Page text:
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orangutans fort wayne zoo

First Photos! – Baby Asmara Explores Her Exhibit

Asmara, a 16-week old Sumatran orangutan at the Fort Wayne Children’s Zoo, went into Orangutan Valley for the first time last week. Until now, Asmara and her mother, Tara, have been living in an off-exhibit bedroom adjacent to the main exhibit.

On their first day in the exhibit, Asmara clung tightly to her mother as Tara explored high up in the trees.  Zoo keeper Angie Selzer watched nervously, buy all went well. “Tara climbed very high right away, but Asmara clung tightly just like she would in the wild,” she said.

Prior to the big day, the exhibit underwent extensive baby-proofing.  Zoo keepers covered the floor with soft straw and checked the trees, walls, and vines for potential safety issues.  The City of Fort Wayne’s tree crews even got involved, helping to reinforce the vines and hammocks.

Will you get to see Tara and Asmara when the zoo opens on April 25?  Zoo keepers are working toward that goal. Indonesian Rain Forest area manager Tanisha Dunbar explained, “The goal is to mix all four of our orangutans behind-the-scenes, and once they’re comfortable, we’ll let them all go out on exhibit together,” said Dunbar.  “And they always have a choice.  They can choose whether or not to go out each morning, although Tara’s never been one to stay behind-the-scenes.”

Born on November 22 to Tara and her mate, Tengku, Asmara is important to the future of Sumatran orangutans, which are Critically Endangered.  About 320 Sumatran orangutans live in zoos worldwide, and an average of 15 babies are born each year in the world’s zoos. In the wild, these red-furred apes are found only on the island of Sumatra in Indonesia, where the population is in drastic decline due to illegal hunting and the destruction of their forest homes to build palm oil plantations.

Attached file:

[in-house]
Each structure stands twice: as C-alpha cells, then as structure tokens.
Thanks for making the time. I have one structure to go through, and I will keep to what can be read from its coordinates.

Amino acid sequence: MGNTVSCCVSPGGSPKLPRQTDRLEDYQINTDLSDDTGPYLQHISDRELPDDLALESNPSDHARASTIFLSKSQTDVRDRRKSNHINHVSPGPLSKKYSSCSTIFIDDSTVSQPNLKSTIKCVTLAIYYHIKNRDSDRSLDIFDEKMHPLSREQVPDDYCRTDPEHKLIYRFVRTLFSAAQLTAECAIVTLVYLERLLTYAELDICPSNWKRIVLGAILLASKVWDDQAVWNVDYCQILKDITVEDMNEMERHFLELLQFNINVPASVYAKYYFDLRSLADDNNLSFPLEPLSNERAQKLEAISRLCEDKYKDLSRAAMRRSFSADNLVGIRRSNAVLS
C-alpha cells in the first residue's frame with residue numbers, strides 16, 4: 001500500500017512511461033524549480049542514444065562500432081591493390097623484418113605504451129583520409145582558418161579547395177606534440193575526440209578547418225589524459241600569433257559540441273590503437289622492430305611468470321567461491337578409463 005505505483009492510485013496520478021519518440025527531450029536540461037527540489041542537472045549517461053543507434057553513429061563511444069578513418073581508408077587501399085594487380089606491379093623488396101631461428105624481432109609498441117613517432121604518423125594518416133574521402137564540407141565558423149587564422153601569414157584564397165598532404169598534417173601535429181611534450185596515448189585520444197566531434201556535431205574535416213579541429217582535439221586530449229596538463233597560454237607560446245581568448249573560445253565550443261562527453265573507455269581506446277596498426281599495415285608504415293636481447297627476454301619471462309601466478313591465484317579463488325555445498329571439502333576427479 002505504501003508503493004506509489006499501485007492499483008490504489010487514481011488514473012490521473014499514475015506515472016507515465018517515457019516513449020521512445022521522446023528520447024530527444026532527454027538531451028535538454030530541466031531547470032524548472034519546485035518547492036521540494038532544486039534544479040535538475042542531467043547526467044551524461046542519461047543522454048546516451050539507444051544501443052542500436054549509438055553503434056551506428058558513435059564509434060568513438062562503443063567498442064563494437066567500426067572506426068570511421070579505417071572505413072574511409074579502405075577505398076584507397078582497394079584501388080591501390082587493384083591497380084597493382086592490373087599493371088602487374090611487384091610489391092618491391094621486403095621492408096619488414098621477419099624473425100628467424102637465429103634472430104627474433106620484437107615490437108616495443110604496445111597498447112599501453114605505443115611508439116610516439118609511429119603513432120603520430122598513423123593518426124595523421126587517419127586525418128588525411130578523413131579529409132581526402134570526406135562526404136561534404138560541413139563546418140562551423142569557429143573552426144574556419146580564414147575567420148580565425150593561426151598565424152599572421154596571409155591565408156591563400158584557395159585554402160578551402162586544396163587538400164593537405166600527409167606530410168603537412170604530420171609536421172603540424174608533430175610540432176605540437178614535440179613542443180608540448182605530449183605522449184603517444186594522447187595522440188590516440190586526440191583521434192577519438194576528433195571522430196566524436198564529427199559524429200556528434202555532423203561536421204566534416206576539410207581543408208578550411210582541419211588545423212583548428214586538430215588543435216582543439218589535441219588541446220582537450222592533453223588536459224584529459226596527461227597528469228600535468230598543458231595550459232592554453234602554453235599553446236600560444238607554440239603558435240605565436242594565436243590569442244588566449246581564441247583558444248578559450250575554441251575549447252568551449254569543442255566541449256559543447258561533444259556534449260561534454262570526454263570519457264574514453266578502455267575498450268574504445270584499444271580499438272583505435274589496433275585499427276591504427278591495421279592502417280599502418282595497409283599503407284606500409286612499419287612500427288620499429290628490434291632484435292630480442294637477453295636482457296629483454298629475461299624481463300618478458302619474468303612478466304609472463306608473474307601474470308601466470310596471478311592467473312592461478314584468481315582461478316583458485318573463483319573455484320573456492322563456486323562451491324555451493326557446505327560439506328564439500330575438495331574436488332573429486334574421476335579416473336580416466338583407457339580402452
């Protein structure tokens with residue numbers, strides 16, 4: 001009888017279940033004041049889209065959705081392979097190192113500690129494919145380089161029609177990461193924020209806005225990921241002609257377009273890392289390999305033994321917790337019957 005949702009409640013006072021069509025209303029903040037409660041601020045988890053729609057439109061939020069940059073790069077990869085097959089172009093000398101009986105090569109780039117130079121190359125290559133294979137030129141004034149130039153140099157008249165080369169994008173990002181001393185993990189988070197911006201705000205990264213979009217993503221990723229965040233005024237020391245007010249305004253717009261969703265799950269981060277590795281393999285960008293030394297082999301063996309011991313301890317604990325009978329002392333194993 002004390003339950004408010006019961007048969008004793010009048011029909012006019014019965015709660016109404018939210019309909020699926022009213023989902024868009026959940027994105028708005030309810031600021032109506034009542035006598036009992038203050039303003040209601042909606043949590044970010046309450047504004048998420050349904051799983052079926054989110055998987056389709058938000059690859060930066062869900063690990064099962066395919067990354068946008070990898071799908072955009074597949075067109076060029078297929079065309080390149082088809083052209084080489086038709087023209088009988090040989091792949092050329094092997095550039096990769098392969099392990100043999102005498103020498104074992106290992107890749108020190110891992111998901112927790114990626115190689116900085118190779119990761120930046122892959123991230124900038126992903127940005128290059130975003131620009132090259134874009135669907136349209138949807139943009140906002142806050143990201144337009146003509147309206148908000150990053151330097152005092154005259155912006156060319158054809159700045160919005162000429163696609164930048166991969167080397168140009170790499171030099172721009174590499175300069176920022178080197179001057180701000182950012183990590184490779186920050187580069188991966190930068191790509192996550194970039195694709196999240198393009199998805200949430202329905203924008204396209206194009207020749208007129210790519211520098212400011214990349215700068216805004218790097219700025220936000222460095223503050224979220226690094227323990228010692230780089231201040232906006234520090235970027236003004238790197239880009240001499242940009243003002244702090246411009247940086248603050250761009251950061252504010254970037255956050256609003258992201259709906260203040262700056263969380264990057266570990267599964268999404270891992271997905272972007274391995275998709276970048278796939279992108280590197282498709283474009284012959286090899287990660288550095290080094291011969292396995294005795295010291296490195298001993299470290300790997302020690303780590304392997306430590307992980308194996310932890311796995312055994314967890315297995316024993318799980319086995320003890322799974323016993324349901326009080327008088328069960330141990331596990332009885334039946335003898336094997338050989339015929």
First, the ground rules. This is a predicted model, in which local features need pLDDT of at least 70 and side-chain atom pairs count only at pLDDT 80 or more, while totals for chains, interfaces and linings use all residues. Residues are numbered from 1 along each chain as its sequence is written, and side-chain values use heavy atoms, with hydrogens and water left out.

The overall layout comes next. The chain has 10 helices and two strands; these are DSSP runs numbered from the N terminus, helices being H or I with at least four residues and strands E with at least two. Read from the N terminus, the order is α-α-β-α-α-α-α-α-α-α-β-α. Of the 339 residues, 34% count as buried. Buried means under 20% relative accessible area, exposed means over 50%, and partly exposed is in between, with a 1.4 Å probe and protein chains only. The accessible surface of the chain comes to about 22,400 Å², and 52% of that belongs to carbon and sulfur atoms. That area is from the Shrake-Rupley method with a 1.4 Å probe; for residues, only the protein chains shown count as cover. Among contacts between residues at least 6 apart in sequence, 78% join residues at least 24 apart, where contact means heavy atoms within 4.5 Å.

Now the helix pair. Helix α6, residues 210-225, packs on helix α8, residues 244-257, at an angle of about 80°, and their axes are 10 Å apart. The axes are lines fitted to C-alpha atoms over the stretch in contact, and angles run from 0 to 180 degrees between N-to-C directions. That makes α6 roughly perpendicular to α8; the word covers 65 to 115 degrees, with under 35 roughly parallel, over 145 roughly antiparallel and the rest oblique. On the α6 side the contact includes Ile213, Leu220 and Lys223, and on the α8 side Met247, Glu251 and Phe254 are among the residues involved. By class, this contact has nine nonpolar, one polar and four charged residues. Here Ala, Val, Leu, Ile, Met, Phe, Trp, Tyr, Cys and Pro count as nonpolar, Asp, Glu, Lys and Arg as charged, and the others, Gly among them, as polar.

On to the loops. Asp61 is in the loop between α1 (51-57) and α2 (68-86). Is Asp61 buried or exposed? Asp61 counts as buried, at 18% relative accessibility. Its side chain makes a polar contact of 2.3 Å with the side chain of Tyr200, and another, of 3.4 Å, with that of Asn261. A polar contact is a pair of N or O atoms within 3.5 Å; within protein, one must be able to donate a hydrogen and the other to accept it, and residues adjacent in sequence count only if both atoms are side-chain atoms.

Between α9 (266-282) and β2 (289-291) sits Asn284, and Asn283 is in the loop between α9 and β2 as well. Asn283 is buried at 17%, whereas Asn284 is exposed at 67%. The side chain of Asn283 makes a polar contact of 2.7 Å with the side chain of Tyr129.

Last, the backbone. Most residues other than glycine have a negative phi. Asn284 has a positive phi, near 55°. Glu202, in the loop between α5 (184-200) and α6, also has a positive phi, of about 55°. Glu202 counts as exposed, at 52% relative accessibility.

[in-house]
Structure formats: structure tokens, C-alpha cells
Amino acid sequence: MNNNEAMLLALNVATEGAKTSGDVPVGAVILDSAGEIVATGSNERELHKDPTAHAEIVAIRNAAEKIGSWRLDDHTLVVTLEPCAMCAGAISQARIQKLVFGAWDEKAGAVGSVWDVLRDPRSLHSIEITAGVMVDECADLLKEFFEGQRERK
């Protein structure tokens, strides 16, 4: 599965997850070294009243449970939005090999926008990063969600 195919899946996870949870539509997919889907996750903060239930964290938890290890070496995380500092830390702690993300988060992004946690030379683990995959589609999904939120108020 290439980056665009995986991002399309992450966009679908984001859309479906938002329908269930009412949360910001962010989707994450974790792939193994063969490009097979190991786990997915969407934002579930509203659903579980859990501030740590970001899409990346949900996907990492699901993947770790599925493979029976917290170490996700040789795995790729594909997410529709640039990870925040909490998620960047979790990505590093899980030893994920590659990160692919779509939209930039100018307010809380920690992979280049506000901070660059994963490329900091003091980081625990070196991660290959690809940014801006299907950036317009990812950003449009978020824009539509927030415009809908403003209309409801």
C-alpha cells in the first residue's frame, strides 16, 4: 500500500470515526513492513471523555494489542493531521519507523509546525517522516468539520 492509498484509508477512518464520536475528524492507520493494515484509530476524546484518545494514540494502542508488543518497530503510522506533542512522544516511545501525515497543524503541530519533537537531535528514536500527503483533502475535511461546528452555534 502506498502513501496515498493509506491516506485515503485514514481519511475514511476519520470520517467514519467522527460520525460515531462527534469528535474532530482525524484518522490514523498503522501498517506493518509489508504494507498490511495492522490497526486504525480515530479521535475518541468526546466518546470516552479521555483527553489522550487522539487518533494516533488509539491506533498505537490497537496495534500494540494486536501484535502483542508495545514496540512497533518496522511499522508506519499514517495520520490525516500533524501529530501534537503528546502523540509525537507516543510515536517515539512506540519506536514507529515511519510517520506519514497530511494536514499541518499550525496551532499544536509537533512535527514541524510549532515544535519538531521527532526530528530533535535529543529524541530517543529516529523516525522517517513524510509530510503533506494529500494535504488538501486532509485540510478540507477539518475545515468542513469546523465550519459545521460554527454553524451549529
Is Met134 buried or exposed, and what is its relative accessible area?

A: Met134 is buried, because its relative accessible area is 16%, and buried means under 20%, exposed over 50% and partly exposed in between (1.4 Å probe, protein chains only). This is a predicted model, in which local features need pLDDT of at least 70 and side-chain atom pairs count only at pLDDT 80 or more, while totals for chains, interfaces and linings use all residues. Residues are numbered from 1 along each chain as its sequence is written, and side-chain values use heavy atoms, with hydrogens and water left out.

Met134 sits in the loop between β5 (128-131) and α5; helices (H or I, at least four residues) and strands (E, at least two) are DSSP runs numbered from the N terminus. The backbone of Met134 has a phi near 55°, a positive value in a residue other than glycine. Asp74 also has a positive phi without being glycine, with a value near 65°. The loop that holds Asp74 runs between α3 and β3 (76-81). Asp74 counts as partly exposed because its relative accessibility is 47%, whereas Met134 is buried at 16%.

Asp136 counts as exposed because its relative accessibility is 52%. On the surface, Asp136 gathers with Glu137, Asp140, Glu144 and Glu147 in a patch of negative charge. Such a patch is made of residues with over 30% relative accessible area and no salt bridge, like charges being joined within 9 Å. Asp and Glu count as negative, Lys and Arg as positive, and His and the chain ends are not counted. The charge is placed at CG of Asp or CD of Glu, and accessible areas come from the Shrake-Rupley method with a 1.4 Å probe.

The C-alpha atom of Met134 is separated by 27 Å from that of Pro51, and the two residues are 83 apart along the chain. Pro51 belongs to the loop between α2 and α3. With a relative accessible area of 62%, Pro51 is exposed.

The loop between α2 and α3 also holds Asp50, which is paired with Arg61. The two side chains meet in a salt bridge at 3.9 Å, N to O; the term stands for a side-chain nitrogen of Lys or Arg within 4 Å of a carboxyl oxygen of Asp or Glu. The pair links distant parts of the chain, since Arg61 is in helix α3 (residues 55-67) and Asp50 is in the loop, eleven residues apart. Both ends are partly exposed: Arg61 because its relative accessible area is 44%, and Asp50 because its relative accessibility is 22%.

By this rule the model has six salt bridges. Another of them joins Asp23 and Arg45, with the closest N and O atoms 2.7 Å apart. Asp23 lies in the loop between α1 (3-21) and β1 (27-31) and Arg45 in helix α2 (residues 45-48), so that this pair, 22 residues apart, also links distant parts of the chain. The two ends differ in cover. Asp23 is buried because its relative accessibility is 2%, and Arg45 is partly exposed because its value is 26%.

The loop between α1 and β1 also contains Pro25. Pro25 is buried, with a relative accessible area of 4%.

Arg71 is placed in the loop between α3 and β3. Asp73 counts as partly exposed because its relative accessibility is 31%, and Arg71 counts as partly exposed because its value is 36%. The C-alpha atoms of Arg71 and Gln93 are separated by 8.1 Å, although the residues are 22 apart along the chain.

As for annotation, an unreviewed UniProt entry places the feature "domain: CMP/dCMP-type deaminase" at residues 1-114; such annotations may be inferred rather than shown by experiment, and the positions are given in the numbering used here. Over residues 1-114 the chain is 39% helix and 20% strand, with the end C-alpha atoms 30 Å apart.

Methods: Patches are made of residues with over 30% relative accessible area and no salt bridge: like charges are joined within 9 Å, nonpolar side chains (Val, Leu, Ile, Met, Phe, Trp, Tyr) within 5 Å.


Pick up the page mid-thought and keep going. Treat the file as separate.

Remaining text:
Fewer than 7,000 Sumatran orangutans remain in the wild. Some experts predict orangutans could become extinct in the wild within a few decades if circumstances remain unchanged.

Zoo babies are sponsored by Lutheran Children’s Hospital.  Click on the photos to enlarge:

zoo keepers in snow

Zoo Keepers Turn Snow into Fun

This week’s snowfall is creating big fun for zoo keepers and animals.  The extra clean-up is all in a day’s work, and zoo keepers welcomed the challenge with a fun and enriching attitude.

“We shoveled snow off the top of the lynx exhibit yesterday.  It was cold and the snow was heavy but Ashley [Hubbard] and I enjoyed the work,” said zoo keeper Rachel Purcell after spending Monday morning heaving loads of snow in below-freezing weather.  It was important that zoo keepers inspect the safety of all animal exhibits after Sunday night’s record snowfall, and ensure that the structures were sound.

Once the animals’ safety was in check, it was time to have a little fun with the 10+ inches of snow that nature sent our way.  Animal enrichment happens every day at the zoo, and snow provides unique opportunities for enrichment that aren’t available during the warmer months..  Animal enrichment means “providing a stimulating environment that offers physical and mental challenges for an animal.”

For the goats in the Indiana Family Farm, enrichment usually involves a snack.  Each time it snows, and when the weather is above 15 degrees, zoo keepers Heather Schuh and Kylie Kuchinsky let the goats outside for a taste of mother nature’s frozen treat.  “Yesterday we built them a snowman with food in it,” states Kuchinsky.  “They especially like molasses.”

For some zoo animals, it’s too cold to go outside during the winter months.  The Javan gibbons in the Indonesian Rainforest stay indoors in their behind-the-scenes area when the weather gets chilly, but that doesn’t mean they’re left out of the fun.  Zoo keeper Taylor Muzzillo brought the outdoors in this week when he offered the gibbons fresh snow flavored with sugar free drink mix.

Muzzillo loaded a large bucket with snow and brought it indoors.  He then built small enrichment stations in different places around the gibbons’ behind-the-scenes area.  The enrichment Muzzillo provided fell into three categories: textural, edible, and sensory – all of which provide stimulation for the animals.